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Financial data shows obvious outflow of hot money: expert
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Chinese mainland banks received 5.6 billion U.S. dollars in foreign exchange deposits in July, compared with 11.9 billion dollars the month previous, according to the People's Bank of China data released on Wednesday.

Liu Yuhui, head of the Chinese economy evaluation center under the Chinese Academy of Social Sciences, said on Thursday forex deposits were less than the 8.336 billion U.S. dollars foreign direct investment (FDI) actually used nationwide and the 25.28 billion dollars trade surplus in July. The gap and the monthly decline pointed to an obvious outflow of short-term speculative funds, or hot money, he noted.

The outflow was partly due to the strengthening U.S. dollar over the past couple weeks, he added.

"Large amounts of capital have been flowing back to the United States because of the stronger dollar. The process began at the beginning of the year in India and the Republic of Korea, but in June and July in China."

The short-term upward adjustment of the dollar resulted partly from the downward movement of crude oil prices on international markets over the past few weeks, said Zhao Xijun, deputy head of the research institute of finance and securities under the Renmin University in Beijing.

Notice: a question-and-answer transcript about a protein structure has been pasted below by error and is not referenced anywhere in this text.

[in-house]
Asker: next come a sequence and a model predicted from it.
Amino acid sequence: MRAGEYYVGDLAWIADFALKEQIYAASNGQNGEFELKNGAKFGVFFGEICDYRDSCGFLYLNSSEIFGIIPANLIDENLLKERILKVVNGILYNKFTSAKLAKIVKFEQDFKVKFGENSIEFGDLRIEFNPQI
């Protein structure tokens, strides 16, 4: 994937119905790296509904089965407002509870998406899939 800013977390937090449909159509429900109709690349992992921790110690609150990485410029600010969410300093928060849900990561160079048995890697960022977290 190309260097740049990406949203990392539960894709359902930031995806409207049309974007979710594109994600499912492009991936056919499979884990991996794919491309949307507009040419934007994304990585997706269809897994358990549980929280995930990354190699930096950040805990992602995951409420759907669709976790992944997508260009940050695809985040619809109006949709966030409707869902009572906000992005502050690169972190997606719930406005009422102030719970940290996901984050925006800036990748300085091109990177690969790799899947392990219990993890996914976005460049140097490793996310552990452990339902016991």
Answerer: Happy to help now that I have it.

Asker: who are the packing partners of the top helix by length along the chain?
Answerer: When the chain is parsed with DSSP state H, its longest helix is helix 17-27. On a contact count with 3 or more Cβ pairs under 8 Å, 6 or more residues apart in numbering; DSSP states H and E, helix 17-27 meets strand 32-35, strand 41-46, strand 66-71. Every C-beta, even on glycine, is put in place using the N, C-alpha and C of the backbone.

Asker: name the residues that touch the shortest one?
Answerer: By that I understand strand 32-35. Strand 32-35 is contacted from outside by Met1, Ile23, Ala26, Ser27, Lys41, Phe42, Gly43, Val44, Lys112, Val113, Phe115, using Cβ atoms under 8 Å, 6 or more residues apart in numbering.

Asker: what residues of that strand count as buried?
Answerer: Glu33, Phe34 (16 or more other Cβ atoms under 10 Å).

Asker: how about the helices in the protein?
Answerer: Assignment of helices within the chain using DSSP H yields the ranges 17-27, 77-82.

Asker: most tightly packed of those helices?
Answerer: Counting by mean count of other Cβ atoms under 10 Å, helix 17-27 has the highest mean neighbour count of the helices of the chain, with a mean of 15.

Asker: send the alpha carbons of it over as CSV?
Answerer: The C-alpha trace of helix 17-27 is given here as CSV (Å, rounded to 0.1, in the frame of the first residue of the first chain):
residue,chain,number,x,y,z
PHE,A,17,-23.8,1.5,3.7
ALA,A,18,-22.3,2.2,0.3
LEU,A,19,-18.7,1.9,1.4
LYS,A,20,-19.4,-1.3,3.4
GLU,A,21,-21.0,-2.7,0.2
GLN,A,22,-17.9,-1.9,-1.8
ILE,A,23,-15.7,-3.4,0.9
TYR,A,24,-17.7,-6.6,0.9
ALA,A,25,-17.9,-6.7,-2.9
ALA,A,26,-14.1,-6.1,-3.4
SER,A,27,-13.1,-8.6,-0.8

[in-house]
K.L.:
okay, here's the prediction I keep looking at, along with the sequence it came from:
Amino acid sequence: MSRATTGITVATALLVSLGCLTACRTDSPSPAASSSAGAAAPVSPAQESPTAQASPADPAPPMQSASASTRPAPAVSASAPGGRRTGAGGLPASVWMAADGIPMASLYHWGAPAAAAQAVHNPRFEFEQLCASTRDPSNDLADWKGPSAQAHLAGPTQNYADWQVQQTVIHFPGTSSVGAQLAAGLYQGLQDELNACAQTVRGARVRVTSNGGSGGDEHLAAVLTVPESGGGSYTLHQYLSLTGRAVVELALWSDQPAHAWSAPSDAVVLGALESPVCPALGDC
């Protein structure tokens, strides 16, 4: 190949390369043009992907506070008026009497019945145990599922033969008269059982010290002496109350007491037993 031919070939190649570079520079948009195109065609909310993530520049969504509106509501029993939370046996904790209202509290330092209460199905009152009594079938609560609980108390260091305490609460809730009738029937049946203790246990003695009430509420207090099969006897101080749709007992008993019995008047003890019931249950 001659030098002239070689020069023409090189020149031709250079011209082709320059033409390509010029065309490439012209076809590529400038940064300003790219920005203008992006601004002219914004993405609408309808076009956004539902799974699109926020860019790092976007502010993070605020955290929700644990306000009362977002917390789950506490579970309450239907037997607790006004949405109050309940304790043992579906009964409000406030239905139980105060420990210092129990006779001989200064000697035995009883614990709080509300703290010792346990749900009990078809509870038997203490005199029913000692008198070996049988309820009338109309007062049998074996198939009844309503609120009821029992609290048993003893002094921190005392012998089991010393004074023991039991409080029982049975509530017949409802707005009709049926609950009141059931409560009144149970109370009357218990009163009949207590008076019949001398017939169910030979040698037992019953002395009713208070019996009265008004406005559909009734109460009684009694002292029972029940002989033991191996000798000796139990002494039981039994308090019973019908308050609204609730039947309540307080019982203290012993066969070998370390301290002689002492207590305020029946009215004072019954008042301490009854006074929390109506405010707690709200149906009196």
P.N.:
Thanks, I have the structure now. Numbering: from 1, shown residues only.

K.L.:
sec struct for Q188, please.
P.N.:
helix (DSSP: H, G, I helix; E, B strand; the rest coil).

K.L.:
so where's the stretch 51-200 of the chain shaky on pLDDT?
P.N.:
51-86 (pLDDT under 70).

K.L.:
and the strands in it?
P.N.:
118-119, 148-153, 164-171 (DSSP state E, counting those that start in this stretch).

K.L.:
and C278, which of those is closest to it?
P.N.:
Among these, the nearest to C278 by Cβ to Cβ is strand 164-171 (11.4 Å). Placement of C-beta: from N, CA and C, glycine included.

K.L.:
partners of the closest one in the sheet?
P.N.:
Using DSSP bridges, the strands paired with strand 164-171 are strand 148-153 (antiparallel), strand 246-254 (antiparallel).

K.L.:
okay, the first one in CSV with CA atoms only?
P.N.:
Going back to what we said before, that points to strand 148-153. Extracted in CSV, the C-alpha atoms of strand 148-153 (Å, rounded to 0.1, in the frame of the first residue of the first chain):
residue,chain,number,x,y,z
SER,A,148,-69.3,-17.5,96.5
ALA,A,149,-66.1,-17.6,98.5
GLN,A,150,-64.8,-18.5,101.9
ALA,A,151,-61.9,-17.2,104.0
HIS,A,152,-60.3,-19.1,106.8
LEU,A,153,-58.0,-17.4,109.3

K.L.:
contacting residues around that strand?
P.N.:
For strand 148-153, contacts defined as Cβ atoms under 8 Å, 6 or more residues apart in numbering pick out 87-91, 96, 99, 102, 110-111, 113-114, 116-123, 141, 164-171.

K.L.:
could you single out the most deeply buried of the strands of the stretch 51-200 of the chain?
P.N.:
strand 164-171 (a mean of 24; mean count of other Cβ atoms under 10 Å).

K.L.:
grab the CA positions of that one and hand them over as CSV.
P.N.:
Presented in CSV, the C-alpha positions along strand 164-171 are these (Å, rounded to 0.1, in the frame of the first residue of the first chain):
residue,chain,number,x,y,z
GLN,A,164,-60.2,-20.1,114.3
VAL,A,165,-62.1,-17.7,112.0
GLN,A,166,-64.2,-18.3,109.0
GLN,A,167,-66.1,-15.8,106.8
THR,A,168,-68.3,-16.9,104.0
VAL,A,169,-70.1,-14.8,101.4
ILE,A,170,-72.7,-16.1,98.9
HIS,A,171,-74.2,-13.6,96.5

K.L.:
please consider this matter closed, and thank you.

China has been on high alert against a quick outflow of hot money in quantity in a short period, something which will affect the country's economy adversely.

In a related development, central bank data showed the outstanding amount of broad money supply, or M2, which covers cash in circulation plus all deposits, stood at 4.46 trillion yuan (650.1 billion U.S. dollars) through July, a growth of 16.35 percent over the same period last year. The outstanding amount of narrow money supply, or M1, which covers cash in circulation plus corporate current deposits, was 1.55 trillion yuan, up 13.96 percent.

The growth rates for M2 and M1 were 0.39 percentage points and 7.09 percentage points, respectively, lower than the 2007 year-end level.

The slowdown indicated the ongoing tightening monetary policy added to pressure on enterprises in funds, Liu believed.

But Cao Honghui of the research institute of finance under the Chinese Academy of Social Sciences said the effective control on money supply growth was conducive to curbing inflation in a continuous way.

Through July, the outstanding amount of savings deposits was 4.553 trillion yuan nationwide, up 18.79 percent year-on-year. The savings deposits have kept increasing since the beginning of this year, said Li Huiyong, a macro-economic analyst with Shenyin-Wanguo Securities, who estimated the growth in such accounts at about 16 percent for July, up 1.3 percentage points from June.

Li attributed the quicker capital flow to savings accounts to shrinking returns on investment in stocks and real estate.

(Xinhua News Agency August 14, 2008)

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